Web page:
She gave $100,000 to Washington’s National Cultural Centre, which ultimately became the John F. Kennedy Centre for the Performing Arts. She gave another $100,000 to the National Symphony for free concerts. This led to the creation of the Music for Young America Concerts, which she continued to fund every year. And she donated some of her vast estates to the government so that people might have the chance to enjoy and admire her vast art collections (see aibees).

Hels said...


many many thanks. I was in Washington DC a few times, but hadn't realised that the estate opened as a public institution back in 1977. Now I will have to leave more time to see the mansion, collections and gardens than I had originally planned.

I would also love to see the Grace of Monaco: Princess in Dior exhibition.

DUTA said...

She was married four times! (well less than Liz Taylor:).
I like the photos displayed in your post (especially the facade of the Hilwood mansion).
I'm glad Marjorie Post gave away some of her huge wealth through philantrophy.

Hels said...


After Charles Post had made his fortune, Dr John Harvey Kellogg treated the man in Battle Creek Sanitarium and helped invent the first dry flaked breakfast cereal. So Marjorie Post was mega wealthy after her parents died when she inherited $27 million in 1914! Even though the husbands were wealthy, divorces made little difference to her. She had 300 staff for Hillwood and her two other estates, so she was well cared for, even in the loneliest times.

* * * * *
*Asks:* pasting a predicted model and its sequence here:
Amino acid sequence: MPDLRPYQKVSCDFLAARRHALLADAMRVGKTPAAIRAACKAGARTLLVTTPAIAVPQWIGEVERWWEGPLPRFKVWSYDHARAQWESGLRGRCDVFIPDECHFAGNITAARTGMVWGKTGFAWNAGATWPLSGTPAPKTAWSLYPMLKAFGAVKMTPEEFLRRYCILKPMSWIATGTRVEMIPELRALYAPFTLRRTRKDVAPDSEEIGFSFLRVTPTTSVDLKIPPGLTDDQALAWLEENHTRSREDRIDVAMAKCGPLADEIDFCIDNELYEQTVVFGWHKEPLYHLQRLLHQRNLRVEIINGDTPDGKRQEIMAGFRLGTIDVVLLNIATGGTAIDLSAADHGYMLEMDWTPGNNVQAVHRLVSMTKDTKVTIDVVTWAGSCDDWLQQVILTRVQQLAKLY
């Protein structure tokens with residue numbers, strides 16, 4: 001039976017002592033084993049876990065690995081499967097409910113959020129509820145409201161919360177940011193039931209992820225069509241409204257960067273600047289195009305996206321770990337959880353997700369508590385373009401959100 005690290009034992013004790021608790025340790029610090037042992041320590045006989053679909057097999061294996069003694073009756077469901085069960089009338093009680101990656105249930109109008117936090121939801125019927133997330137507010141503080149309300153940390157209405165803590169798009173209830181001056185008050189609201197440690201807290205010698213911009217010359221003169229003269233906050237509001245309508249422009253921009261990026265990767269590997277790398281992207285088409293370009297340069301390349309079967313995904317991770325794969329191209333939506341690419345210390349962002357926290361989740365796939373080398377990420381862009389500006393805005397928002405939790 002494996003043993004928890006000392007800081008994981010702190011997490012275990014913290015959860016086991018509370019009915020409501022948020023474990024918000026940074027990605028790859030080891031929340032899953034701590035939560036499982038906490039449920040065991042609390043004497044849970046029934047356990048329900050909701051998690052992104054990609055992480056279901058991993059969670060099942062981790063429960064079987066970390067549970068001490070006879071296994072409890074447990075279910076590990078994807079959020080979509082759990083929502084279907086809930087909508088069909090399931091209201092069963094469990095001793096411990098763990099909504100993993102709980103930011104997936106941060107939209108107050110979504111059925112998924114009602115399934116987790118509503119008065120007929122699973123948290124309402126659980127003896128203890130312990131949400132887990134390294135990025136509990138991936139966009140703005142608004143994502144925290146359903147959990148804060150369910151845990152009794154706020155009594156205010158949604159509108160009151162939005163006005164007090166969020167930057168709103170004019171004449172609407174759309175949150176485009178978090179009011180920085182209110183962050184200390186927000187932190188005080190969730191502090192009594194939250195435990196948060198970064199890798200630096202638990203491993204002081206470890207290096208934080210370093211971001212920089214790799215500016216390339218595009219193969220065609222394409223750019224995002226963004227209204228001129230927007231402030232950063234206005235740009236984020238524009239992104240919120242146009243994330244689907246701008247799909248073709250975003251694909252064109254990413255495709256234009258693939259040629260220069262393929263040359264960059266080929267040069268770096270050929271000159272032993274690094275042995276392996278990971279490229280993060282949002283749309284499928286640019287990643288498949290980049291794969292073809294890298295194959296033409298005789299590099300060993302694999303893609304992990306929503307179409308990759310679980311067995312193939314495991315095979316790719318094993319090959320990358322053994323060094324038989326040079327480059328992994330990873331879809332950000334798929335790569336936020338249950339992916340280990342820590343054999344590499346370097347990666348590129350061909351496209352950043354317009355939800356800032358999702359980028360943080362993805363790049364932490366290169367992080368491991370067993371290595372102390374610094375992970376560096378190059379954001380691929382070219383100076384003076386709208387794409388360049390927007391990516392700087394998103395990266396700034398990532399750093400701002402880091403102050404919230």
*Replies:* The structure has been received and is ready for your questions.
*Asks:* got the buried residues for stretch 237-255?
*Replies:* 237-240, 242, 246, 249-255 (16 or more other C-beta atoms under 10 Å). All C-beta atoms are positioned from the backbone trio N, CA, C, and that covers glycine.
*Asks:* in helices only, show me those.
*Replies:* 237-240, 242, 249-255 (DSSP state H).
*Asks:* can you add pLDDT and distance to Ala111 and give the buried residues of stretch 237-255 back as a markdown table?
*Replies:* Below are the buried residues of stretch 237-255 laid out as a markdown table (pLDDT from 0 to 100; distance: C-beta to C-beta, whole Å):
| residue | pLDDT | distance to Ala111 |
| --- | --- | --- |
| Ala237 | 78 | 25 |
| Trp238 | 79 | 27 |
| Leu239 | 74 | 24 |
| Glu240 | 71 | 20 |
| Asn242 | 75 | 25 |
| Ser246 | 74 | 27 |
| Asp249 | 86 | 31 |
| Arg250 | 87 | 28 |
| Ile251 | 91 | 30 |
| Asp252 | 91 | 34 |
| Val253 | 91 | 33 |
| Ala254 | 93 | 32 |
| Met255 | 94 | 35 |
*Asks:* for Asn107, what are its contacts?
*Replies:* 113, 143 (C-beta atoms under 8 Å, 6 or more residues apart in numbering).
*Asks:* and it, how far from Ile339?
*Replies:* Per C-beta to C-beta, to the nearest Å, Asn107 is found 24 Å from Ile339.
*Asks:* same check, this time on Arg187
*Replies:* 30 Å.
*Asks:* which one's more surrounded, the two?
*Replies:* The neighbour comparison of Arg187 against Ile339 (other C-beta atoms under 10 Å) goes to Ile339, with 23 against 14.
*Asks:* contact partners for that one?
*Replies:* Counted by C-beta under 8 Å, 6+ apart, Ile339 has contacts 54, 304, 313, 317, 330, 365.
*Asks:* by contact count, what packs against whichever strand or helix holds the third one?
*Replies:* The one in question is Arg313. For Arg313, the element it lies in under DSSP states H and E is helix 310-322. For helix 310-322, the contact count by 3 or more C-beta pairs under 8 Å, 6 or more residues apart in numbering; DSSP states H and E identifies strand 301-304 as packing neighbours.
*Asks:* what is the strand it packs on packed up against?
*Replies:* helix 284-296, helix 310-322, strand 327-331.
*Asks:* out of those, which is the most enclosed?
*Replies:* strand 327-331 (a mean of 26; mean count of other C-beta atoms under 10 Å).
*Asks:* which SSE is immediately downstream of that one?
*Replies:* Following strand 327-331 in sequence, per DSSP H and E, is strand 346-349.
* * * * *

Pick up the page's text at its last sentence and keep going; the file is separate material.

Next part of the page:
This generous woman dedicated herself to her alma mater, Mount Vernon Seminary and College. When the College was struggling, Marjorie Post leveraged her massive fortune to keep the institution successfully running for nearly 45 years.

Hilary Melton-Butcher said...

Hi Hels - interesting ... I hadn't heard about her ... but was interested in the Russian connection. Thanks so much - cheers Hilary

Hels said...


Marjorie must have already loved Russian arts because, when she and her husband spent some years in Russia, she thought she was in heaven. Her Sacred Arts Gallery at Hillwood displays a great gallery, filled with Russian Orthodox ecclesiastical arts: icons venerating saints, communion chalices, vestments etc. And the Russian Porcelain and Glass Room at Hillwood is almost as amazing.

Luiz Gomes said...

Boa tarde de segunda-feira minha querida amiga. Obrigado pela excelente matéria e aula de história.

Hels said...


thank you. I can see you love architecture, interiors and the arts in your blog. You would love Hillwood estate, museum and gardens.